A major issue for North American hardwoods surrounds the amount of green lumber in the pipeline, with many North American exporters claiming significant problems in securing sufficient supplies for the winter. Log inventories are said to be extremely low in some instances and a number of mills have reportedly closed down dry kilns. Several UK importers noted that, while the US has been complaining about a dearth of green lumber for some time, wood continued to be available. Prices have remained largely “static” although some shippers are said to be “trying to get a few extra dollars by doing different mixes”.

Other importers expressed concern over green lumber supplies, with one suggesting that this might lead to shortages in “some of the more difficult sizes”. He pointed by way of example to 2in oak and the heavier sizes of hard maple and cherry.

For the moment, the price of some thinner sizes of maple have reportedly suffered a slight fall, according to several importers, while black walnut remains difficult to obtain “at a sensible price”. Although produced in only small volumes, this black walnut has remained in vogue for some considerable time and shows no signs of losing its popularity in the UK. Demand for cherry was described this week as “steady” but generally lower than in 2001, while reasonable demand was reported for white oak.

Imports decline

A UK-based specialist in North American hardwoods bemoaned figures showing a substantial fall in use during the first half of this year and predicted an even more significant decline in the second half of the year. Latest statistics show that US exports to the UK of all species of hardwood lumber fell by 12.8% to 63,481m3 in the first seven months of this year, while the overall value of shipments slid 18.9% to US$44.9m over the same comparative period. This compares with a 6.8% increase in the US’s global export volumes of hardwood lumber in January-July this year.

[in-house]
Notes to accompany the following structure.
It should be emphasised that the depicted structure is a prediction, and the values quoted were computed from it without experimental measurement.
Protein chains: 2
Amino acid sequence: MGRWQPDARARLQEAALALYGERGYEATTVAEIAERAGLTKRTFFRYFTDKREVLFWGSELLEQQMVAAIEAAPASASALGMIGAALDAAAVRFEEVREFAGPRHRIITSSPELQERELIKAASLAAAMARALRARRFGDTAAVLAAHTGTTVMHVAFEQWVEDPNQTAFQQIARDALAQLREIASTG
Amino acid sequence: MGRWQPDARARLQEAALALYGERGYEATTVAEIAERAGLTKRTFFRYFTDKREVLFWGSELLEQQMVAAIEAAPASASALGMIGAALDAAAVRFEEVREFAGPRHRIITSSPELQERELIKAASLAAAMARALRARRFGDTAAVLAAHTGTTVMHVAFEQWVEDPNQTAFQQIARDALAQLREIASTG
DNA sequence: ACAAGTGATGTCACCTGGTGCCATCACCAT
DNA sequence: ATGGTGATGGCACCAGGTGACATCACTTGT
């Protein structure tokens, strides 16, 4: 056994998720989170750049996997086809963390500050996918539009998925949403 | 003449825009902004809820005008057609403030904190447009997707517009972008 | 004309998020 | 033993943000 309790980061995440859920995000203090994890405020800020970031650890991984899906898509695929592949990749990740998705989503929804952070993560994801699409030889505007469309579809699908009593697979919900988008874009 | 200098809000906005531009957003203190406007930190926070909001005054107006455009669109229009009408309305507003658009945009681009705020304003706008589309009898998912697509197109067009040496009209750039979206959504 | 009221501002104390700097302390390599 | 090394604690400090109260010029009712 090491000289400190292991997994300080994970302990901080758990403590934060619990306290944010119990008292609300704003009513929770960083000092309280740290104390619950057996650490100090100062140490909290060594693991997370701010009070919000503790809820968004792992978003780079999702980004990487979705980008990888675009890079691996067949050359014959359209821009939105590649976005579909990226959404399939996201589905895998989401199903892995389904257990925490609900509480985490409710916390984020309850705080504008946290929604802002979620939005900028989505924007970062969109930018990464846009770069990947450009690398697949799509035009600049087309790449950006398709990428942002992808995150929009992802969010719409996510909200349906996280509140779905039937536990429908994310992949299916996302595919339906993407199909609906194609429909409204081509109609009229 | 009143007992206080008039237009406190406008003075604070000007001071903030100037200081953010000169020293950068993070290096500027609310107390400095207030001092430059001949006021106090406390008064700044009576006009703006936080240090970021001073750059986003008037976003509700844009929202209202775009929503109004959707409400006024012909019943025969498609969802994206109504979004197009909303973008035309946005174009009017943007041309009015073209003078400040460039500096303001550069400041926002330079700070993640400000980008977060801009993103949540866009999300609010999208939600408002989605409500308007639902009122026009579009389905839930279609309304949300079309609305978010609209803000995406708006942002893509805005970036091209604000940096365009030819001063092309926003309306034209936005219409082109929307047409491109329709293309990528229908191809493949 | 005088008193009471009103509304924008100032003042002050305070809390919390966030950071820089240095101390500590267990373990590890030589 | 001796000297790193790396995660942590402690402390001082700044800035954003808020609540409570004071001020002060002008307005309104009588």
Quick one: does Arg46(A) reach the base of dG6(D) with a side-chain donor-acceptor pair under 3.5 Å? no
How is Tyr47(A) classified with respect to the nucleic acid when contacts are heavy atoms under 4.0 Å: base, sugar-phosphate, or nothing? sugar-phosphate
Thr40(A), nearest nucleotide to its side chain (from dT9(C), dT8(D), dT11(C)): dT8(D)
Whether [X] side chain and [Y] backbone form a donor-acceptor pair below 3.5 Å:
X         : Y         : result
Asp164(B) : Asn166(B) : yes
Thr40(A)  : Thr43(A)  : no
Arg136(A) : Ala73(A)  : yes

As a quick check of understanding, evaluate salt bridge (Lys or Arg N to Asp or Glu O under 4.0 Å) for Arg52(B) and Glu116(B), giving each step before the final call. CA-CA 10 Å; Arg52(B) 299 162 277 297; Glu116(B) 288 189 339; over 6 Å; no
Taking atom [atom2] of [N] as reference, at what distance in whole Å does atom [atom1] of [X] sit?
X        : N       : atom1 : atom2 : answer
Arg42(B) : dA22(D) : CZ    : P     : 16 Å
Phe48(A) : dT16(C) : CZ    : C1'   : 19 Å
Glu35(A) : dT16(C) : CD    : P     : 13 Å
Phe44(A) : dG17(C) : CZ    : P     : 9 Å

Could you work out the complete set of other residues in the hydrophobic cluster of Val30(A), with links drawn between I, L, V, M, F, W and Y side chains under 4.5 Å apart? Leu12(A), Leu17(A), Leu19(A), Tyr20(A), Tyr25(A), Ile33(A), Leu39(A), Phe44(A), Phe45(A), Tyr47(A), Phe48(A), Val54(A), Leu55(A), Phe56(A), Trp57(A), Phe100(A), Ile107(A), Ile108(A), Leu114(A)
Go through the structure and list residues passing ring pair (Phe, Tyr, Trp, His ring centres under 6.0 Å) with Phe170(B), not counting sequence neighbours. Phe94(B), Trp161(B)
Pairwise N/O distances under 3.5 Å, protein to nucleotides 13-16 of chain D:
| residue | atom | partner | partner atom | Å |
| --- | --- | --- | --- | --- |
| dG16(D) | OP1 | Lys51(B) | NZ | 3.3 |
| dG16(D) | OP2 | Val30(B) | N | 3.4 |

A large proportion of the hardwood entering the UK market was destined for high-class joinery contracts, the same specialist pointed out. Economic uncertainty and a general lack of confidence had led many of these projects to be shelved “and the temperate hardwoods seem to have been hit harder than the tropical hardwoods”, he said.

Brazilian mahogany

The conservation issues surrounding Brazilian mahogany are such that, according to one trader who recently visited the country, some operators referred to “that red timber” rather than use the word ‘mahogany’. UK demand for cedar has been reasonable but “spasmodic”, while more interest has been reported for secondary species like tatajuba.

Speaking recently at the London Hardwood Club, editor Rupert Oliver indicated that the impact of eastern European hardwood exports was extending beyond Germany and Italy to the UK, Spain and France thanks to increased political stability and inward investment in the timber sector.

Feedback from the UK trade supports his contention: several contacts acknowledged an increase in beech and oak coming from the Balkans in particular, adding that grades and presentation varied from mill to mill. The price of Balkan material had “held up well” but lower levels were available from further north in eastern Europe, TTJ was told.

Meanwhile, one trader pointed to a significant increase in offers of western European beech and oak “from people I have never heard of”. This suggested, he said, that their own domestic markets were far from buoyant.

Given the general acknowledgement that the UK’s economy is brighter than that of many of its European partners, the domestic hardwood trade is disappointed by the scant impact on demand, with few buyers showing a willingness to book forward to any significant extent. Business remained “patchy” although there are clear signs that hardwood remains a popular choice among end users in the housing, commercial and retail sector who are wanting “something different”.